For all his melodramatics, John Tesh did a fine job helping boost gymnastics to its peak interest ever while cycling was served well by Al Trautwig and Phil Liggett. What there was of wrestling on the network appeared to be handled well by Russ Hellickson, although a major flaw in his work is the fact he sounds just like Dan Dierdorf of ABC "Monday Night Football" fame. Yuck!
* After serving capably on track and field in Seoul in 1988, Charlie Jones was shuffled off to swimming and diving. He was solid in the face of bush-league analysis by partners Mike O'Brien, Mary Wayte and Michelle Mitchell while his replacement at the track, Tom Hammond, failed to live up to expectations.
Hammond made the age-old mistake of mentioning only the Americans in most races even when they had little chance of qualifying for the next heat or figuring prominently in the race. Often, time was a problem, but once the race was under way he could have mentioned a couple of foreign athletes to watch instead of invariably saying, "Smith, in Lane 3, is off to a good start."
* NBC provided rowing and canoe-kayak with a boost with more coverage than usual and Joel Meyers and Mike Vespoli served the strategy well . . . same goes for weightlifting, where John Dockery and a subdued Todd Christensen proved capable.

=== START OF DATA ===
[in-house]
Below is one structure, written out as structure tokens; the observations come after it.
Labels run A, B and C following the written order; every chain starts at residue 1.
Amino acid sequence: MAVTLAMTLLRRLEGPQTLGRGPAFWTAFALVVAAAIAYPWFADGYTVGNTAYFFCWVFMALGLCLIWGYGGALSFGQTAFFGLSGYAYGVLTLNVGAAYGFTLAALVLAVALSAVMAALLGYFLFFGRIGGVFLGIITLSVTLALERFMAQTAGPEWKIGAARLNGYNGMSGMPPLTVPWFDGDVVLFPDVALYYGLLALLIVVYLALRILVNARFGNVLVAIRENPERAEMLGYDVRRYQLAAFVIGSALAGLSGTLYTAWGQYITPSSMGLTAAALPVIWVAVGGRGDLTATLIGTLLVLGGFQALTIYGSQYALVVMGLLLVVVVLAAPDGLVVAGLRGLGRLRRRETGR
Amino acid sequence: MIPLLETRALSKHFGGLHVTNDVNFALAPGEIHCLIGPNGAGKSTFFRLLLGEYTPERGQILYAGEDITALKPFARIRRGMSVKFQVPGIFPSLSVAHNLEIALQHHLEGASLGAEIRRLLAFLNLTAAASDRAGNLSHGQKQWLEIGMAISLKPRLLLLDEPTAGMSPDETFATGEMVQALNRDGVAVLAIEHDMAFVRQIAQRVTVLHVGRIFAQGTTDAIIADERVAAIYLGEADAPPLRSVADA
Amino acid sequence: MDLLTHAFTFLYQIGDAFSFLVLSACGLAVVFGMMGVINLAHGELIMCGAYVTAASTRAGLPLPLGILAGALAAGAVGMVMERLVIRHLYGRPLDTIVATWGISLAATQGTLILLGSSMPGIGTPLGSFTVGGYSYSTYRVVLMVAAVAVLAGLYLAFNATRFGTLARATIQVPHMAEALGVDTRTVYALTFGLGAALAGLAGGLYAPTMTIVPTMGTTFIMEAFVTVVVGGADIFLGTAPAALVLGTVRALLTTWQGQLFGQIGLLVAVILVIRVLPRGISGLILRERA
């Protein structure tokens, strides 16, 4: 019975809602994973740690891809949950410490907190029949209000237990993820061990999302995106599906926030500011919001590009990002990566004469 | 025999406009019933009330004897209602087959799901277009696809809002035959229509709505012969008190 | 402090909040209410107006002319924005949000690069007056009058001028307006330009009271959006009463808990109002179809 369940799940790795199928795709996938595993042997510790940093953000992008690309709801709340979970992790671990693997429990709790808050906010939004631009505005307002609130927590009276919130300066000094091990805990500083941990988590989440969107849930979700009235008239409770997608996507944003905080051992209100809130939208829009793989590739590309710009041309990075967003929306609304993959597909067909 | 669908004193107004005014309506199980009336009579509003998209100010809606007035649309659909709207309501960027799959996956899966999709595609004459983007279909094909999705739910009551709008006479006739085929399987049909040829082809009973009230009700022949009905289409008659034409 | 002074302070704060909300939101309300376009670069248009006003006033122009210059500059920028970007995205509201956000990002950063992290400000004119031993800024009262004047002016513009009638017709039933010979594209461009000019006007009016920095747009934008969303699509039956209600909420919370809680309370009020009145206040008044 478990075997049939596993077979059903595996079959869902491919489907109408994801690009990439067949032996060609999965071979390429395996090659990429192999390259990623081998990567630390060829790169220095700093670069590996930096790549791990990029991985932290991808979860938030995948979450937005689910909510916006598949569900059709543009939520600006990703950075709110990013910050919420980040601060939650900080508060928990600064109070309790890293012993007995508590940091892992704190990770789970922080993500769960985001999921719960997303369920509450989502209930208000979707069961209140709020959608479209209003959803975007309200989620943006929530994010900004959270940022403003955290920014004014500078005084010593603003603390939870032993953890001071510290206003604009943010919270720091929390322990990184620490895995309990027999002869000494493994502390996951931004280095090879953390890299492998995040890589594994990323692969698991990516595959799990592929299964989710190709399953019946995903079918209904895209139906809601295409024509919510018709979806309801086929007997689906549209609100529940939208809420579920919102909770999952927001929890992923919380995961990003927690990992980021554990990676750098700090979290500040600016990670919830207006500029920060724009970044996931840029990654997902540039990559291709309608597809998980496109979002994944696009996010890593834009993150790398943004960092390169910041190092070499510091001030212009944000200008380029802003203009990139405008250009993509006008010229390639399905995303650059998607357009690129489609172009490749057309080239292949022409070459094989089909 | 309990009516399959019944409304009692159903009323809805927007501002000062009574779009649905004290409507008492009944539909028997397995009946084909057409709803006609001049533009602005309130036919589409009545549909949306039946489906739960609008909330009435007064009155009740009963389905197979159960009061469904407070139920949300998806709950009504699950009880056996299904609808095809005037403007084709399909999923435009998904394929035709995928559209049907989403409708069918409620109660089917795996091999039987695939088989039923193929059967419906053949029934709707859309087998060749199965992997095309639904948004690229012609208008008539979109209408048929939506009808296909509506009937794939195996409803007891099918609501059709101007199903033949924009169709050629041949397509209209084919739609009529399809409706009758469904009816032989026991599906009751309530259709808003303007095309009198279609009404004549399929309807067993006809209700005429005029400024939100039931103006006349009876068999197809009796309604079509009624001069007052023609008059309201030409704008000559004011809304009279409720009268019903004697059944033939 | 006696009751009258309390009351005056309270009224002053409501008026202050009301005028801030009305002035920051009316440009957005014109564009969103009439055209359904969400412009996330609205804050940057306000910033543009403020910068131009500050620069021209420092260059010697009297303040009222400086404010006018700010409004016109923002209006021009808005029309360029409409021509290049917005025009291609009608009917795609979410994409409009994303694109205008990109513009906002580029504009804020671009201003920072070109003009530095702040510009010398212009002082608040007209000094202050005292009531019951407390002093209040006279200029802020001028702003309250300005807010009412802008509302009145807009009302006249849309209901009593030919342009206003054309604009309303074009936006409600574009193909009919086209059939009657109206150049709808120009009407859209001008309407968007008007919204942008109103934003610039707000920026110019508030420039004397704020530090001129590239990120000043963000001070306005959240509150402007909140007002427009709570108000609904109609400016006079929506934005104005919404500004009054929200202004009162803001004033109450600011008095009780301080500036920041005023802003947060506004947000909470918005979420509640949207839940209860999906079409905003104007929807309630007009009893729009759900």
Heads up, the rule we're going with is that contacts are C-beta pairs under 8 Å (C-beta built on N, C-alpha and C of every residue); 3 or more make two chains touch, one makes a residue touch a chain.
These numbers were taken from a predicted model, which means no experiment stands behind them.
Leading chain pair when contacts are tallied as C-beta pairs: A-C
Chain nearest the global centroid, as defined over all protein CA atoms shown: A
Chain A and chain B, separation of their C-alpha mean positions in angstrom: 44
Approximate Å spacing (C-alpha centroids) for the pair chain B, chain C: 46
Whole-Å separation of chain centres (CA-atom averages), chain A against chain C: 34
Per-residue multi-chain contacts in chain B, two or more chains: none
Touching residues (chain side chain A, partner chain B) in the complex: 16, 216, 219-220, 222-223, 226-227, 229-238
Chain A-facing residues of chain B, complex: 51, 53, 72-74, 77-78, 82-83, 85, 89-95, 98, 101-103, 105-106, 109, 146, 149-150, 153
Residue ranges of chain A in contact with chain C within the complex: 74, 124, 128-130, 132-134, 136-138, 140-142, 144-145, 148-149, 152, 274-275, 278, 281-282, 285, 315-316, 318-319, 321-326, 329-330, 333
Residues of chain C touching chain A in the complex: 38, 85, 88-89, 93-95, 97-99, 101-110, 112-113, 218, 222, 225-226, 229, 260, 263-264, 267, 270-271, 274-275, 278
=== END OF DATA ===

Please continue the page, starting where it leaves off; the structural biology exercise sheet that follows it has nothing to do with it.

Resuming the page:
Christensen turned in a strong showing conducting the on-field interviews at track and field, establishing a relaxed relationship with both winners and disappointed losers, no easy task. The ex-footballer has the personality and knowledge to handle almost anything thrust his way, but a tad more humility on his part might help.
* Out at the slaughterhouse, otherwise known as the basketball venue, Marv Albert and Mike Fratello described the Dream Team's waltz calmly, keeping the play and the accomplishment in perspective. Not many would have done as well. Chick Hearn didn't, over on the TripleCast.
* Far behind Costas among the men anchors was Dick Enberg, who never was able to dope out what was expected of him as co-host of the morning show. Perhaps that was the problem, the network choosing a "The Today Show Hits The Road" format instead of taking advantage of being at the Olympics with scads of live events at its disposal.
Late at night, working weekend afternoons and also showing up on the TripleCast was Hannah Storm, who made up for the lack of enthusiasm and knowledge that hosts Katie Couric and Gayle Gardner possessed.
Similar to all hands working the anchor desk, Jim Lampley on the lobster shift didn't have enough event action to fawn over, his main responsibility being to introduce features. Unglamorous to be sure, but it beats hosting five hours of sports talk radio five nights a week.
* These were the people we saw and heard each of the last 16 Days of Goop and Glory. The men behind the scenes, the men calling the shots and deciding which sports and events would be overplayed and which underplayed get off scot-free.
Of course they were guilty of monstrous gaffes, not showing more action and constantly hoodwinking us with their bait-and-switch tactics, but the plain fact is the Olympics were a ratings coup for NBC. And make no mistake, that's what the Games are all about up among the very tall buildings in New York City.